Civil rights attorney David Ferleger, an anti-war demonstrator in the Vietnam era, sees no irony in his representation of disabled military veterans seeking to overturn the Walt Disney Co.’s ban on their Segways in its theme parks. He sees only another important civil rights battle in his long war on disability discrimination.

The Philadelphia-area attorney has filed a petition for review in the U.S. Supreme Court in Disability Rights Advocates for Technology v. Walt Disney World Co., challenging a settlement in a settlement-only class action between Disney and three disabled individuals. The settlement class ultimately included all persons suffering from a mobility disability who rely upon a Segway or similar stand-up mobility device and who plan to visit Walt Disney World Resort or Disneyland Resort.

Disney prohibits the use of personal Segways on its properties. It allows the use of its own Segways in tours for a fee and by its own employees. Personal Segways are not allowed even if the Segway is used instead of a wheelchair, but wheelchairs are permitted. Disney has defended its ban on personal Segways as necessary for safety.

The settlement did four things, according to Ferleger’s petition: It awarded money damages to the three named plaintiffs as well as attorney fees and other benefits; made permanent Disney’s ban on Segways for people with disabilities; accepted Disney’s promise to make available its own device, an “electrically-powered, stand-up vehicle” (ESV), after April 1, 2009; and waived and released, for the entire national class, “any and all claims” under any “state or local law or similar disability rights statute or regulation.”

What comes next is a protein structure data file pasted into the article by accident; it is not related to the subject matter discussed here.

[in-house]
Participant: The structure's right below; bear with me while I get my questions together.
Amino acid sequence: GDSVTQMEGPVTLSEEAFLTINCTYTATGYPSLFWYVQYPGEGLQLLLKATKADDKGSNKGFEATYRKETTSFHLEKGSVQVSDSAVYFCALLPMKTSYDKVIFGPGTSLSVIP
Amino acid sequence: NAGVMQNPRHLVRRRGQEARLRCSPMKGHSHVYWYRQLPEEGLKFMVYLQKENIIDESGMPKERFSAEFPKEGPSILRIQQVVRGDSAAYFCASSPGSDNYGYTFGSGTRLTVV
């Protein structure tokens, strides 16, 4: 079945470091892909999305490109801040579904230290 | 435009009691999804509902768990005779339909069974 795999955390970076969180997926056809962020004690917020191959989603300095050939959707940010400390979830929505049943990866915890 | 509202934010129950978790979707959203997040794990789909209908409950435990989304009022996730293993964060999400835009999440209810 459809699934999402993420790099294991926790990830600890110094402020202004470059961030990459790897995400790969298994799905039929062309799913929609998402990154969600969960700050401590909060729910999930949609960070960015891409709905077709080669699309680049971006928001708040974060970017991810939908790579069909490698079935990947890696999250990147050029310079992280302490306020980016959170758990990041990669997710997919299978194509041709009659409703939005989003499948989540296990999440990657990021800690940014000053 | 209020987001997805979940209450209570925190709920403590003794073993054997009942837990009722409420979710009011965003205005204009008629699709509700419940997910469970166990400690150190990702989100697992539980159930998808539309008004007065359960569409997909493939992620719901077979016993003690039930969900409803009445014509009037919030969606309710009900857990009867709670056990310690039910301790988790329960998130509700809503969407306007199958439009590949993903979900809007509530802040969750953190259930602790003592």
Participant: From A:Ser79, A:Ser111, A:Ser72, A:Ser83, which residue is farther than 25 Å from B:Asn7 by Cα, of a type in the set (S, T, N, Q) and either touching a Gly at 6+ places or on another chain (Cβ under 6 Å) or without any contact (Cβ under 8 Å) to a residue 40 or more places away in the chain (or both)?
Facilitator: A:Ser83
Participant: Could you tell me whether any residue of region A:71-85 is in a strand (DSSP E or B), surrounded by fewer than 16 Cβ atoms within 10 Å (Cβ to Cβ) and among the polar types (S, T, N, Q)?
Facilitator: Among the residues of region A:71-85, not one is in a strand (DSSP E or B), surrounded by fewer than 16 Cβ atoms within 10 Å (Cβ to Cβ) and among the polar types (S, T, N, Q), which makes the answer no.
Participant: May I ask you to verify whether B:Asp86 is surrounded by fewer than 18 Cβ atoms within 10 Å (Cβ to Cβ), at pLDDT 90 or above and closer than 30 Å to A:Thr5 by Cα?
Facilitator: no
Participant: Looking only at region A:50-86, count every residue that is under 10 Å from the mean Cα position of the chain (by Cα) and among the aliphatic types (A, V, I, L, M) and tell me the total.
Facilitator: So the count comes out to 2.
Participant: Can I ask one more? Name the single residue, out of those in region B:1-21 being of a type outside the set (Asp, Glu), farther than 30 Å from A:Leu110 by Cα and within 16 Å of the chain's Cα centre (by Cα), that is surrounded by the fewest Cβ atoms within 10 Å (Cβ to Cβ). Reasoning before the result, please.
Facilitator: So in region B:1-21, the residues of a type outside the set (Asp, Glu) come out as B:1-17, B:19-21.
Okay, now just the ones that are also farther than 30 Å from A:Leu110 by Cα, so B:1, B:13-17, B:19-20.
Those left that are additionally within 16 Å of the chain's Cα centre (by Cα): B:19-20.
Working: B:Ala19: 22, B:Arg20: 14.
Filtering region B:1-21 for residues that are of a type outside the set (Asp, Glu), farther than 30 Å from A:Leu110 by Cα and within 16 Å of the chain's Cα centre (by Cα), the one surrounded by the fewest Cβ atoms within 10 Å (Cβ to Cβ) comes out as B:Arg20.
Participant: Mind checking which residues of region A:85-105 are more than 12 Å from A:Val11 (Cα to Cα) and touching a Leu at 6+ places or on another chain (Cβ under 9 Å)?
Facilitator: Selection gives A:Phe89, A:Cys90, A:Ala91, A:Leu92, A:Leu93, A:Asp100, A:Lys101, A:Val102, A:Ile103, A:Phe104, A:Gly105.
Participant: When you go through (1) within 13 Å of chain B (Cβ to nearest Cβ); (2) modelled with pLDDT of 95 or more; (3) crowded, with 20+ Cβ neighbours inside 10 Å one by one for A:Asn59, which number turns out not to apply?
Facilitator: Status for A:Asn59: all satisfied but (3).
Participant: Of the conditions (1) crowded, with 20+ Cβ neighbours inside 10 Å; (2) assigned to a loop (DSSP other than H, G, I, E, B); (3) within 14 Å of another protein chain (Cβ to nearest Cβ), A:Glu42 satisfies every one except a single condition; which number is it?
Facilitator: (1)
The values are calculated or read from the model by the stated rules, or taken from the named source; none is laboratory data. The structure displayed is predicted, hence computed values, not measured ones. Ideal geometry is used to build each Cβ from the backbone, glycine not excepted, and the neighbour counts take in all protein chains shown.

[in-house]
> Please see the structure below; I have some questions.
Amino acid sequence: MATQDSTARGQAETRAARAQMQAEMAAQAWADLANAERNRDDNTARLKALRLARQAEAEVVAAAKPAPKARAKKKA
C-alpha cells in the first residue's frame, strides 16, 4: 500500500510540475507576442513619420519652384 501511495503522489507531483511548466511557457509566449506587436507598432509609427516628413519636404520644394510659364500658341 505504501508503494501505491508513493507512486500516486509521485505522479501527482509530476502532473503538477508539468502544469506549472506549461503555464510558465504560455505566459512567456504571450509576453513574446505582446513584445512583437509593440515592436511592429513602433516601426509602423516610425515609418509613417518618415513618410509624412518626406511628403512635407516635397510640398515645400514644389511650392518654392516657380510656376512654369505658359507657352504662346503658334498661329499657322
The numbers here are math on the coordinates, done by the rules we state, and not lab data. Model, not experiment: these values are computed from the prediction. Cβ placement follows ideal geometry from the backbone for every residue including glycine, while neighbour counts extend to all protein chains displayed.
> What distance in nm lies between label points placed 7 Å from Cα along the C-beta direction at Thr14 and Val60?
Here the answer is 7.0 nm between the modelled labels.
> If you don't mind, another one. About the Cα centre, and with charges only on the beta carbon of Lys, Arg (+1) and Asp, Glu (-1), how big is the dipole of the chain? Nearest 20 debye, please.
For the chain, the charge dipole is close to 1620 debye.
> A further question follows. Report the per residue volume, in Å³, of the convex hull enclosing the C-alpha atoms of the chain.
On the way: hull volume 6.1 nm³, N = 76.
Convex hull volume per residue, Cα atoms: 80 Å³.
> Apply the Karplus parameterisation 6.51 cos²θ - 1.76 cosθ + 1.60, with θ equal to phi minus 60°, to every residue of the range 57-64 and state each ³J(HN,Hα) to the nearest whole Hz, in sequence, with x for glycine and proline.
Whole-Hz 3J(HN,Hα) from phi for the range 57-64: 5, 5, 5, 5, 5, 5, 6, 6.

During a fairness hearing in federal district court in 2009, the United States, 23 state attorneys general, more than 100 individuals and a number of disability rights organizations objected to the settlement. The U.S. Court of Appeals for the Eleventh Circuit upheld the district court’s approval of the settlement.

“The settlement was very, very one-sided,” said Ferleger, who represents Disability Rights Advocates for Technology (DRAFT), a charitable organization that sponsors the Segs4Vets program. The program has awarded more than 1,000 Segways, two-wheeled personal transport devices, to military service members who were disabled in combat in Iraq and Afghanistan. Many of the vets are amputees who lost one or both legs in improvised explosive device (IED) blasts. Others sustained spinal cord injuries, soft tissue damage and other injuries that limit their ability to walk any distance without severe pain.

In his petition on behalf of DRAFT, which was not an original party to the settlement class action, Ferleger asks the justices three questions: whether due process requires notice to absentee class members in a Rule 23(b)(2) settlement in all cases, or at least when class rights are waived, a question that Ferleger said was left open in the justices’ decision in Wal-Mart v. Dukes; whether the class can be certified when the disabilities creating reliance on a mobility device vary so greatly among class members that no single injunction can resolve the claim; and whether the named plaintiffs have standing to impose a national waiver or to insert California relief into a settlement-only certification.